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Hello! I am new to the group. First a little background. I have worked for numerous contractor over the past 10 years. Started out as a laborer and quickly worked my way up. I have 2 rental properties that I gutted and renovated mostly on my own. I am very handy in home repairs. I have been moonlighting doing small punch list repairs. Now it is time for me to start my own handyman business. I am taking it slow and plan on being in business by march 1st 2006. My to do list is as follows:
incorporate my business
get licensing
get insurance
get bonded
design logo
design and order brochures, contracts, business cards and letter truck
order uniforms
come up with my rates
advertise
signs
write business plan (working on)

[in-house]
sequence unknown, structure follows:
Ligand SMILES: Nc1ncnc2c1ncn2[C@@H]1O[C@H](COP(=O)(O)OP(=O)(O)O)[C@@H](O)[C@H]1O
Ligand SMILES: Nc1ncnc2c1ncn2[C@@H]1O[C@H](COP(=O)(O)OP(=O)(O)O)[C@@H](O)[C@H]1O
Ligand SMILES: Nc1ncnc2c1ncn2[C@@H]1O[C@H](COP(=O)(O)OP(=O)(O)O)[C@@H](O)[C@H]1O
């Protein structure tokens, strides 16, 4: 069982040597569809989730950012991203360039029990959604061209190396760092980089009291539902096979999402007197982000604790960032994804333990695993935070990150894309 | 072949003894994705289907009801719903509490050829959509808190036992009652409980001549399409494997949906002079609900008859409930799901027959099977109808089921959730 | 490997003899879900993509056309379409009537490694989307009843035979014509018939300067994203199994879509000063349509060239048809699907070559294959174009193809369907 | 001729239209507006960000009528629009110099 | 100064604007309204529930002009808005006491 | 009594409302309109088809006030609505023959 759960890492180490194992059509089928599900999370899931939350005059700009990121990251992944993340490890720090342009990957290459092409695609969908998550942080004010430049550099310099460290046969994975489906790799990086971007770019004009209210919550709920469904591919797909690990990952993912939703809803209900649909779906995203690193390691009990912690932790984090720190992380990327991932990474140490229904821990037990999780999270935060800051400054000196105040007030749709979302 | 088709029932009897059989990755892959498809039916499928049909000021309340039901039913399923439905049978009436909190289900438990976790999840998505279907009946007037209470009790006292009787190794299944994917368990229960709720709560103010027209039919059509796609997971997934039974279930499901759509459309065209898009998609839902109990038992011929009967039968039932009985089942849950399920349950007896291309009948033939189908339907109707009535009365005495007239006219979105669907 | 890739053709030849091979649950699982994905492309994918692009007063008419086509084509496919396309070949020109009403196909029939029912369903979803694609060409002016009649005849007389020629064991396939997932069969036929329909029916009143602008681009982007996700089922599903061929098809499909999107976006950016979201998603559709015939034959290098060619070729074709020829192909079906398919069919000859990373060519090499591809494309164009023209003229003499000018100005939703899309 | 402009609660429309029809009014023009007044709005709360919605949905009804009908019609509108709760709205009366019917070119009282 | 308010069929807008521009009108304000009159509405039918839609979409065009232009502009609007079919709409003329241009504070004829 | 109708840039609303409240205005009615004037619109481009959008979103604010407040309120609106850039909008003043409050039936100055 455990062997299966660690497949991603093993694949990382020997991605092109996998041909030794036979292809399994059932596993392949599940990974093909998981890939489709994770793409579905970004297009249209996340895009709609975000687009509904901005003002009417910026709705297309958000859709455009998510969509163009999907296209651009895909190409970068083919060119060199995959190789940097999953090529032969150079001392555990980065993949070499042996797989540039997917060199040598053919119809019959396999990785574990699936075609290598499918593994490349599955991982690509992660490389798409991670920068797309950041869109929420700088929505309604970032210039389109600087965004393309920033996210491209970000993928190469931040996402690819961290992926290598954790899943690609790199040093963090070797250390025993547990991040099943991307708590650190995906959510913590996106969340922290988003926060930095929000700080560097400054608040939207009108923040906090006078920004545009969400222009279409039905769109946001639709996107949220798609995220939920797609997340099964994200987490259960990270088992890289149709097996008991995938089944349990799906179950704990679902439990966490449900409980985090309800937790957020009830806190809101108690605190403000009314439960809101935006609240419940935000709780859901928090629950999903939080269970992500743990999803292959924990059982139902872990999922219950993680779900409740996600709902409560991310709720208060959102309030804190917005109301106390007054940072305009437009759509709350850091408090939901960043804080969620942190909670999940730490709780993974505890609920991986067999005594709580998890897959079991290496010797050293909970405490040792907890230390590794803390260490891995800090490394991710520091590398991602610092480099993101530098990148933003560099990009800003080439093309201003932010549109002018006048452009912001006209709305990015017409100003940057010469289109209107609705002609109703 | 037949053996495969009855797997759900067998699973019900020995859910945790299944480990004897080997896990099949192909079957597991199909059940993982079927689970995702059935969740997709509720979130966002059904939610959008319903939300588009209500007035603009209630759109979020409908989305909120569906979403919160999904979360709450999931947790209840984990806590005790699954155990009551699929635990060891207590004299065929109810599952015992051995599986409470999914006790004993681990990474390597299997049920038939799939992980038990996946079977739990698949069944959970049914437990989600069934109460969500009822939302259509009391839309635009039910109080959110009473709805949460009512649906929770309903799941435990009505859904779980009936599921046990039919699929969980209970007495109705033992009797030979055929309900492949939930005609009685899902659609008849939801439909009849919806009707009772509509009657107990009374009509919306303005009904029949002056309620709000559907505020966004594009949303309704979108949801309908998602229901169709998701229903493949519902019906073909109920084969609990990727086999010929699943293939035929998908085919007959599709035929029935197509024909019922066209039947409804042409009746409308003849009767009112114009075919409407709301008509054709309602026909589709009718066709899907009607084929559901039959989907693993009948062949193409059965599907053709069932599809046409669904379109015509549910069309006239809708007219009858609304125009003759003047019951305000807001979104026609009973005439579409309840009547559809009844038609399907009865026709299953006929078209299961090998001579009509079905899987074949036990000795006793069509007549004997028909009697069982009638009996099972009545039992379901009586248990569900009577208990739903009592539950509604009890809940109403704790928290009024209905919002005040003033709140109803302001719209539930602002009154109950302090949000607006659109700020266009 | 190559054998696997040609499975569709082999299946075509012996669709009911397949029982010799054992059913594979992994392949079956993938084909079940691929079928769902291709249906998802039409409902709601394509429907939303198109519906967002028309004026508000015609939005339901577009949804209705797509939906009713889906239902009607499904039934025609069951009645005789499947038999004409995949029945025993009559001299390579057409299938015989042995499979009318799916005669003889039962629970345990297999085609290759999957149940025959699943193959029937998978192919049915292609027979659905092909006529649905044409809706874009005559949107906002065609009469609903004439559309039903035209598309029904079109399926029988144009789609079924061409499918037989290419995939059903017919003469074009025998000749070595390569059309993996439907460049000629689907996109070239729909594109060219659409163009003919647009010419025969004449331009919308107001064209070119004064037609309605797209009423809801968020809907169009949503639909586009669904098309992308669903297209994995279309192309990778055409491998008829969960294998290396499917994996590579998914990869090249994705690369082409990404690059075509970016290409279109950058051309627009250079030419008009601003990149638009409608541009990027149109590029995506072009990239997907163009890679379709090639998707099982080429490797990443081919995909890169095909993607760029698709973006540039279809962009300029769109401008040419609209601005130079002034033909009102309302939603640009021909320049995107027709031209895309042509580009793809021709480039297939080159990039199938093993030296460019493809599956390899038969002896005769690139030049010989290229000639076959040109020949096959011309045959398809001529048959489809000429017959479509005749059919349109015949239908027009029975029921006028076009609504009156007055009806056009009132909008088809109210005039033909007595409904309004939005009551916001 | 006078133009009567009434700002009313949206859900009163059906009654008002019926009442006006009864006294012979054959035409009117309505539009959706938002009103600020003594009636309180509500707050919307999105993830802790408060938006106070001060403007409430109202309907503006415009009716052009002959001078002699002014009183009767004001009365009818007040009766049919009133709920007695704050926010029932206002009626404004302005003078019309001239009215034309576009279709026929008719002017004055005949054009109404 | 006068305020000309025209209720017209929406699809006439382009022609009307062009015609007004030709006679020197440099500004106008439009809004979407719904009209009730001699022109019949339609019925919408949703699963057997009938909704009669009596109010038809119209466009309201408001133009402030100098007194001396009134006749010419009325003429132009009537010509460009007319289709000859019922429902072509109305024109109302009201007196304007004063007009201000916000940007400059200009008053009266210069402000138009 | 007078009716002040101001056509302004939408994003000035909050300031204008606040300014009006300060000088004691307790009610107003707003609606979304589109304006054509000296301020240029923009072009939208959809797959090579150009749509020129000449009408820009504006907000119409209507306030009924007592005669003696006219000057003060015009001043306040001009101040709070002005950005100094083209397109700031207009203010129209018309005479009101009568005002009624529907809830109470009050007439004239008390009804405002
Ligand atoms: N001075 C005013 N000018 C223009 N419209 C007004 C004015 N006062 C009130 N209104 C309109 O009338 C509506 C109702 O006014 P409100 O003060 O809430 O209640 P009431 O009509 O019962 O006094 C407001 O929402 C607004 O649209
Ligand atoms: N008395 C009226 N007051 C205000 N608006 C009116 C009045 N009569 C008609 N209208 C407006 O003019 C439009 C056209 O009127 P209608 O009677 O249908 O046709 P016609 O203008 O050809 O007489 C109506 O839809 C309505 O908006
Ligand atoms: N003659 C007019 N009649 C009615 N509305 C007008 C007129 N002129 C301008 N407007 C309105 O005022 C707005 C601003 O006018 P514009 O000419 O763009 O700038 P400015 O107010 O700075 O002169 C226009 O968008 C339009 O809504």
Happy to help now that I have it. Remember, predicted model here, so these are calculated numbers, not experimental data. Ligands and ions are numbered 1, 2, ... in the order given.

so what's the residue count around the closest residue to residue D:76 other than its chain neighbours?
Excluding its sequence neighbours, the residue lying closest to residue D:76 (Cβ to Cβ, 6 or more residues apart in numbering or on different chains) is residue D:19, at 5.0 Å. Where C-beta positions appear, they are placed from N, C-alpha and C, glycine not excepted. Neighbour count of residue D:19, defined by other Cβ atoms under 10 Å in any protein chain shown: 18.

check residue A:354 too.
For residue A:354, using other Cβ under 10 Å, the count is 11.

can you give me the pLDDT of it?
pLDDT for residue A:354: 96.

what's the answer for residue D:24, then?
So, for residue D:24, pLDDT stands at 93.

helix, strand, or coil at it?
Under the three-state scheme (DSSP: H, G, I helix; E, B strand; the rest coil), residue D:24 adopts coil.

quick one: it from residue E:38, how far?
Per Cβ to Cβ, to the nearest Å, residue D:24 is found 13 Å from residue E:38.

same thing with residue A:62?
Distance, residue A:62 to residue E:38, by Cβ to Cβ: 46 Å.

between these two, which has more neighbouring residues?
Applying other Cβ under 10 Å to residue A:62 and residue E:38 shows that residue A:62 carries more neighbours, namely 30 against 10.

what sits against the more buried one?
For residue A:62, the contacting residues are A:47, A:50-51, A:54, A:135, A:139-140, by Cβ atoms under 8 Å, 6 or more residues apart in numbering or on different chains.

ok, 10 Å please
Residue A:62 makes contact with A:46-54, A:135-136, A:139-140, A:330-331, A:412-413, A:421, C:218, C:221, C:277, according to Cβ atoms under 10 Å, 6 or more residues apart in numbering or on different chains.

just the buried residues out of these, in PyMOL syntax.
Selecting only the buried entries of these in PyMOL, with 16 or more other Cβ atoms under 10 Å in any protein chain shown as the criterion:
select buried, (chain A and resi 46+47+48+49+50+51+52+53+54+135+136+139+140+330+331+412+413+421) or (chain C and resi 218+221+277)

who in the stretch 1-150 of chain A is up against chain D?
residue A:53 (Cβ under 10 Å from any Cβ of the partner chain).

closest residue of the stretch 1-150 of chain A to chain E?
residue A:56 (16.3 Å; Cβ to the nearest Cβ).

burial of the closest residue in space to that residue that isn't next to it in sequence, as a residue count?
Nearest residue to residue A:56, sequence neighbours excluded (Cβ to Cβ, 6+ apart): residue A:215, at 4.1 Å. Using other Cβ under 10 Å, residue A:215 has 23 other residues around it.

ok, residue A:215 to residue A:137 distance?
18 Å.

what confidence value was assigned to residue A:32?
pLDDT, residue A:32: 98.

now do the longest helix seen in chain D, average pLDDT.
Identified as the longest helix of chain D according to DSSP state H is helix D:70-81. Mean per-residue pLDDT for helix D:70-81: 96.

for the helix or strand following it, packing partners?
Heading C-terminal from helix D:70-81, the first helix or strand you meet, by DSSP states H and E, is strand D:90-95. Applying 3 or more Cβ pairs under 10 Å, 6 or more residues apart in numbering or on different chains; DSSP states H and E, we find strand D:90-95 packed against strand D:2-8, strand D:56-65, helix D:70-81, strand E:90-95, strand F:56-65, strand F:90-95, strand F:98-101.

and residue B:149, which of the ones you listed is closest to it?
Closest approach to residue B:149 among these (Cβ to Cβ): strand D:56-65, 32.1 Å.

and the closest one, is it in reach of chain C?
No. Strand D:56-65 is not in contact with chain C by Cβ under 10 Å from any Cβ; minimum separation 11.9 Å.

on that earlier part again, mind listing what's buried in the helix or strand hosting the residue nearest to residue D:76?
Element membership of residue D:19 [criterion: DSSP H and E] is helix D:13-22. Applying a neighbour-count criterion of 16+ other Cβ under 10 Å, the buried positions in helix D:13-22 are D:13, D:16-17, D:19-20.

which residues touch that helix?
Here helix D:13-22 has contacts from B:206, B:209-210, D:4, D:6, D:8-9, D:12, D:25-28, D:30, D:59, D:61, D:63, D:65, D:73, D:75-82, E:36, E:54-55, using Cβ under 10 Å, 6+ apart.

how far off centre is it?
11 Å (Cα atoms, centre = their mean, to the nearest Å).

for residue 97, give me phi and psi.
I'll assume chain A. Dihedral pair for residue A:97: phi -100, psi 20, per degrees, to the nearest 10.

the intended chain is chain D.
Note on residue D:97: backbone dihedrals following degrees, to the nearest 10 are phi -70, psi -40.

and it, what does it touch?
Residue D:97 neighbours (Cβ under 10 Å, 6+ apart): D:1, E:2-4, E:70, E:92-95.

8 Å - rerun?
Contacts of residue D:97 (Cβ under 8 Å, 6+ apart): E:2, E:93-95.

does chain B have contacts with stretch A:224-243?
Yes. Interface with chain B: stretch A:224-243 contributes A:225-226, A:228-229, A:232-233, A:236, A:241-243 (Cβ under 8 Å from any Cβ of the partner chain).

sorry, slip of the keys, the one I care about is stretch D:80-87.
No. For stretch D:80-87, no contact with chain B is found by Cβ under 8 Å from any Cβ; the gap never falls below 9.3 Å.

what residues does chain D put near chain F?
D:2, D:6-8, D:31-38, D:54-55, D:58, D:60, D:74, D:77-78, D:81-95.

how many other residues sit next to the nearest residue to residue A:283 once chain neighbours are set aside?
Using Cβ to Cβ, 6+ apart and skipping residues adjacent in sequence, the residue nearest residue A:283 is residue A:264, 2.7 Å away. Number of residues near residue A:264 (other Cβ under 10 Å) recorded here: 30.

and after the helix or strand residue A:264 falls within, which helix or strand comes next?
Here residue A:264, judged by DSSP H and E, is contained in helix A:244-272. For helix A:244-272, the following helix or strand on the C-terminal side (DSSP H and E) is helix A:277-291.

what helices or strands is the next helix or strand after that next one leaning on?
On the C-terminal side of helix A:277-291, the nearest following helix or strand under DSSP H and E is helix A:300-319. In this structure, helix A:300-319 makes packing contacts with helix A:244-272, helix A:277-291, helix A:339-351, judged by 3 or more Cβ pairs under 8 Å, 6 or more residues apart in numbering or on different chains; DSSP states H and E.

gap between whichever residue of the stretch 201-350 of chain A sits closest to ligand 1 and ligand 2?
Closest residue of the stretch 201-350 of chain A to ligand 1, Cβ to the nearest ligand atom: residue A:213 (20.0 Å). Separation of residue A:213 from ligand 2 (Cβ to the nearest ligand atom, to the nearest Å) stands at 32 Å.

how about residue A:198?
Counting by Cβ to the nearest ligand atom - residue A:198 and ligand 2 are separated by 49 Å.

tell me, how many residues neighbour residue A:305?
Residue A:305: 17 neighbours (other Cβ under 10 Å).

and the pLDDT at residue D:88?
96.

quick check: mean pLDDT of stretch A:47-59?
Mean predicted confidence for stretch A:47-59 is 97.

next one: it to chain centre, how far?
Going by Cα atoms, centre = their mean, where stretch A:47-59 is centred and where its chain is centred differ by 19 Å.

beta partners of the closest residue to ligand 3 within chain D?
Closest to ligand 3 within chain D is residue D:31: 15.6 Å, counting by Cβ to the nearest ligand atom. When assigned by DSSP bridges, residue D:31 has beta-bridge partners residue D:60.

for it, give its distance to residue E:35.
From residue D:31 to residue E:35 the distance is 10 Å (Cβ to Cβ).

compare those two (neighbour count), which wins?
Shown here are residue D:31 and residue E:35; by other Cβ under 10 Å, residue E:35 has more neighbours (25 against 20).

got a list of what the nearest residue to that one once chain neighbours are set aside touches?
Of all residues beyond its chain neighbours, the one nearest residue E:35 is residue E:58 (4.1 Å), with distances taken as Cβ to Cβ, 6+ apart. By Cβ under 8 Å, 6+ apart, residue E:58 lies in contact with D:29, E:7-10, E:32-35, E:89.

I am sure I am missing a ton of other things and thought I may find some help here. I am in a good position financially thanks to wife and rental properties so I should be ok not having much or no income for a while. I will show up prepared to complete the job at the time of estimate. I plan on charging 75hr. This seems to be a competitive rate in the Philadelphia area.
As far as tools I am set in this department. Just a few things here and there needed!

Thanks!!
 

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DGR,IABD
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cruise182 said:
I will show up prepared to complete the job at the time of estimate.
In my opinion, that the way that any service business should operate. It eliminates buyer's remorse, and it saves you trips back and fourth. For service related work, people even prefer that you do the work sooner (like now) rather than later.

cruise182 said:
I plan on charging 75hr. This seems to be a competitive rate in the Philadelphia area.